The 5 Most Interesting Metal Albums of 2015, Unranked
The cover of DimeslandPsychogenic Atrophy
Photo by Chantal Michel
There are those who say metal offers the broadest musical canvas for experimentation, and there are those who find it limiting. Both camps are correct. On one hand, extreme music can blow any barrier to creativity clean off its hinges. The rules are obliterated, if the artist wants them to be. On the other hand, the desire to be trendy within a specific sub-genre — doom, death, black, stoner, sludge, thrash, grindcore, etc. — or to bear the earmarks of one's influences makes for an abundance of bands suffering from the disease of sameness. As a listener, you may be very content with this fact or very discontent, depending on your preferences.
This brief list is not a best-of-the-year compilation, so if your favorite metal album of 2015 isn’t here, or if your band’s album isn’t here, that doesn’t mean this critic doesn’t like it. This is about a handful of artists who endeavored to be completely unique this year—and succeeded.
Big|Brave's Au De La
Southern Lord Records
Big|Brave, Au De La
Big|Brave understand the drama of silence. On Au De La, songs appear to end midstream, interrupted by pauses, wherein artifacts of guitar and drum resonate and fade before the next blunt burst of notes. The Montreal group toys with the listening ear’s natural expectations of where a composition should go; what happens in the space of quiet becomes as essential as the moments full of sound. (Perhaps taking a cue from John Cage, they’ve been known to stop playing for indefinite stretches during performances to let the murmur of the audience take center stage.) With her vocals, Robin Wattie channels Kathleen Hanna, Björk, and bits of Patti Smith’s unfettered lyrical form to chilling effect. She’s also penned what may be the longest song title of 2015: “do.no.harm.do.no.wrong.Do.No.Harm.Do.No.Wrong.DO.NO.HARM.DO.NO.WRONG”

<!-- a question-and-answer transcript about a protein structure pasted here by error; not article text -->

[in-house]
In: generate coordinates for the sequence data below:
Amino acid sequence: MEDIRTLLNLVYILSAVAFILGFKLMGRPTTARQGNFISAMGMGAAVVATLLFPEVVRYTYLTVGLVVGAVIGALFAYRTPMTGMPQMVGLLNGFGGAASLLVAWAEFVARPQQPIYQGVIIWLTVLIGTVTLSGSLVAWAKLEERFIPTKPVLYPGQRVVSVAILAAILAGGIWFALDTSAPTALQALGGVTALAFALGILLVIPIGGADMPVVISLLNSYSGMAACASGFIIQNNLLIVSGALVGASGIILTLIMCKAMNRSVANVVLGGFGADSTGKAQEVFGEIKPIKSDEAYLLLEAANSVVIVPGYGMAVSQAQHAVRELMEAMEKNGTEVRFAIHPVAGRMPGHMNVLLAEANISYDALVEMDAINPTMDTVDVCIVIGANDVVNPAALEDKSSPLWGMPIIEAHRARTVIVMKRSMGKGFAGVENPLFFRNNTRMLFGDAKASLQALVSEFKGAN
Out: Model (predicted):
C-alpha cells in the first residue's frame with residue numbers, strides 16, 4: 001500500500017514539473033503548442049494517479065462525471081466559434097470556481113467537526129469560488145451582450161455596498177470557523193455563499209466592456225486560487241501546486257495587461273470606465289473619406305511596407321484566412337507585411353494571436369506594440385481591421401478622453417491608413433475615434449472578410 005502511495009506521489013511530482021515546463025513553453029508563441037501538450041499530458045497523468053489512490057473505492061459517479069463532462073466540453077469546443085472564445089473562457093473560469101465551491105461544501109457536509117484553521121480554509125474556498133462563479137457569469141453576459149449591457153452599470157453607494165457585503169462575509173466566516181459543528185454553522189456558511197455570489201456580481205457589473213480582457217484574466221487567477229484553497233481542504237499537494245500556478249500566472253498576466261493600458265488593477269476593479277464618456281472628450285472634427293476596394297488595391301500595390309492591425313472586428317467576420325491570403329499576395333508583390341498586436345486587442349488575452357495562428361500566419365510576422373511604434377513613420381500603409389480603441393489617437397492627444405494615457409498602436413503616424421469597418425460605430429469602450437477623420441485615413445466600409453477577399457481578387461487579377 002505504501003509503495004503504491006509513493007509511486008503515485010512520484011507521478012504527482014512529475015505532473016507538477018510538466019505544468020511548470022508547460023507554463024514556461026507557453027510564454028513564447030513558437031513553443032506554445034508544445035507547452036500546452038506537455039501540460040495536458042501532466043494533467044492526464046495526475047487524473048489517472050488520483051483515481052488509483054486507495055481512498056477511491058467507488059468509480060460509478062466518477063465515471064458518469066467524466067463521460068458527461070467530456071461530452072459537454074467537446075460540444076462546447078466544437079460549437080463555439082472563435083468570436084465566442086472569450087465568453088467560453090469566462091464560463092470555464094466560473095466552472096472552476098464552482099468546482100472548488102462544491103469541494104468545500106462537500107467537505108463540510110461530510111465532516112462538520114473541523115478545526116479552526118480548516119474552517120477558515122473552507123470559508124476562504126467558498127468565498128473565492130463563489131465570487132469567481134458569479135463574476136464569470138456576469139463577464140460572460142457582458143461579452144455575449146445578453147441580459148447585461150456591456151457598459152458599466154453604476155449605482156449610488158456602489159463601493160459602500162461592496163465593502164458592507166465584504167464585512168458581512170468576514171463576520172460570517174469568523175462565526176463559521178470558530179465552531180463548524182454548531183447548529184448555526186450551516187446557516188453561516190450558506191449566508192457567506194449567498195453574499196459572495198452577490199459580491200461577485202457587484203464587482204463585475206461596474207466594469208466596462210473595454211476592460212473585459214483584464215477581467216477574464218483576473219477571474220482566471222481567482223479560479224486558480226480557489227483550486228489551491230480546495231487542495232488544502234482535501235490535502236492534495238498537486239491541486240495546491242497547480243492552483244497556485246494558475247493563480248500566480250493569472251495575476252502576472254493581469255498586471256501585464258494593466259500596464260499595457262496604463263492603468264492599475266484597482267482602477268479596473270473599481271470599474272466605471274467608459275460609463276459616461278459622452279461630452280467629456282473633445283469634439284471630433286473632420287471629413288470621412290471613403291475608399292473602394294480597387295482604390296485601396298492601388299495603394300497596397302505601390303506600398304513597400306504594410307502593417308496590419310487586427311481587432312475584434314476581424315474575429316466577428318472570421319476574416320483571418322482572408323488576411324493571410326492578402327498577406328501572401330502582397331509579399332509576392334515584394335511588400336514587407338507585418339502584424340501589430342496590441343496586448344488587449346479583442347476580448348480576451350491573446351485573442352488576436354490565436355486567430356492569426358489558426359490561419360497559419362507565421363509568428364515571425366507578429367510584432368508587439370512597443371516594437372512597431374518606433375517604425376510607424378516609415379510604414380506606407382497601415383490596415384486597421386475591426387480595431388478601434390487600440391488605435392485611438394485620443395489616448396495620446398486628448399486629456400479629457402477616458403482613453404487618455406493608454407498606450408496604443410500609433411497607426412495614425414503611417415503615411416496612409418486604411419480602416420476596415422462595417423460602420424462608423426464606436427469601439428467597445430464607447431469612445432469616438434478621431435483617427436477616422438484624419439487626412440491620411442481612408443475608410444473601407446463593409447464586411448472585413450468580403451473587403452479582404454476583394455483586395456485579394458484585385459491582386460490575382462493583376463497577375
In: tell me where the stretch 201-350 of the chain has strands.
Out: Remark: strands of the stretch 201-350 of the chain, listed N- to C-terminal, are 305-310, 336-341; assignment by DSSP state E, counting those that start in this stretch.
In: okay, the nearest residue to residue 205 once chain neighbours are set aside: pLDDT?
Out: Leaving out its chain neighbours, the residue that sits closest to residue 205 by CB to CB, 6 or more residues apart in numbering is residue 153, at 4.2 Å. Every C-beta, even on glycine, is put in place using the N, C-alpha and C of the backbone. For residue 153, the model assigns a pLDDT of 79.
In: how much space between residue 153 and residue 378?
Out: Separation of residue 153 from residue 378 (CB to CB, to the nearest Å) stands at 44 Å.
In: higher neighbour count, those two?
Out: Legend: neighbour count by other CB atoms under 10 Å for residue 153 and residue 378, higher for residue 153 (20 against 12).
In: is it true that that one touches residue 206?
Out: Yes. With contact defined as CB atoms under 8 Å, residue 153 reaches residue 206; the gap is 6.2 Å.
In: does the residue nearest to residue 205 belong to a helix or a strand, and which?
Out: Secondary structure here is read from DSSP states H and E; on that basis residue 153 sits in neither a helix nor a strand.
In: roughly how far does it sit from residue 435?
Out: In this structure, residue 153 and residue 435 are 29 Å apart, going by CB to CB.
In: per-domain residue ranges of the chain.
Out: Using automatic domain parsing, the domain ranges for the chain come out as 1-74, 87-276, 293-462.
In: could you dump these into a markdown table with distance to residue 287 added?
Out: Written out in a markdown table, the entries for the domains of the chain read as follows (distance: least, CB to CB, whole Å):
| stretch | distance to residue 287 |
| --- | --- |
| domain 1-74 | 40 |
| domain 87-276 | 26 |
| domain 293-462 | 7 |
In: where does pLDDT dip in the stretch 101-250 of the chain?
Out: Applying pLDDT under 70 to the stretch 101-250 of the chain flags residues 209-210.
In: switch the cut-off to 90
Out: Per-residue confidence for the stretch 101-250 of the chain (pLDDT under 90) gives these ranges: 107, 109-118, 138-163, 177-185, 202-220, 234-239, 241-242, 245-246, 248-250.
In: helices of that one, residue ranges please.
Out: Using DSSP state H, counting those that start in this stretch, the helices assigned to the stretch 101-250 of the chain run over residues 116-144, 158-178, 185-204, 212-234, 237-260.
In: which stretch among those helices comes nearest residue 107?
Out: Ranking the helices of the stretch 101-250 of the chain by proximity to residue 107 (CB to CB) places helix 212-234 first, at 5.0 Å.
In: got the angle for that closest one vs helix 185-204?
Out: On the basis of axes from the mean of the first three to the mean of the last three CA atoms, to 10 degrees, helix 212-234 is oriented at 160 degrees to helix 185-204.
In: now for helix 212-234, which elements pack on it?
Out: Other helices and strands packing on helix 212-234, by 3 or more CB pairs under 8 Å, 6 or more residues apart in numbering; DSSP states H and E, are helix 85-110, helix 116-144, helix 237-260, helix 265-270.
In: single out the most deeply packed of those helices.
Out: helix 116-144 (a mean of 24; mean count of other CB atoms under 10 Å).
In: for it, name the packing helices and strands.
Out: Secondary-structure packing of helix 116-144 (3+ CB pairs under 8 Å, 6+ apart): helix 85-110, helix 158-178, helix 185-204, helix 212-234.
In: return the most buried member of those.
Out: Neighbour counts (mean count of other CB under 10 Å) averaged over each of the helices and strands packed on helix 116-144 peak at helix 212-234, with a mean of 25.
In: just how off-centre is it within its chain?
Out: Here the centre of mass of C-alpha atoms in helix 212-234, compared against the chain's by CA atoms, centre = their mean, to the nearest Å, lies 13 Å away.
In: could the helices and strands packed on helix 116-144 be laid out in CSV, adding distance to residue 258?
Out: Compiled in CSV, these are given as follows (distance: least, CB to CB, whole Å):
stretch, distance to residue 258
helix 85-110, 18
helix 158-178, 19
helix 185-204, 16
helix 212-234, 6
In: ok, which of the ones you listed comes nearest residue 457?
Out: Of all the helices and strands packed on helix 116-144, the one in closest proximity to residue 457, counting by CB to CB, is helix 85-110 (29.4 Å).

That crescendo of punctuation mirrors the dynamics of Au De La, a metal record that finds power in the extremities of whispers and roars.
Dimesland, Psychogenic Atrophy
Experimental metal — the kind with ever-shifting, irregular time signatures and virtuoso musicians — is not always the most euphonious. Sometimes it’s easier to revere it for sheer difficulty than it is to actually enjoy it. Dimesland’s first full-length, however, offers a welcome exception to this pattern with unpredictable tunes that land in fun grooves before ruthlessly jerking the listener in the next direction. Tastefully-applied atmospheric synths layer spooky textures to match the Kubrickian cover art. Although accessibility is never the point with this sort of music, it's also never a bad thing when the avant-garde becomes more listenable. Sadly, Psychogenic Atrophy is a triumph shrouded in tragedy, as 44-year-old guitarist Drew Cook passed away at his Oakland home in May, six months before the record's physical* release, leaving his brother Nolan as the band’s sole remaining guitarist. The future of Dimesland is uncertain, but this album stands as a sterling testament to what they accomplished during their early existence.
*Although Psychogenic Atrophy was released digitally in December 2014, the CD did not become available until November 2015.
Jane Getter Premonition's On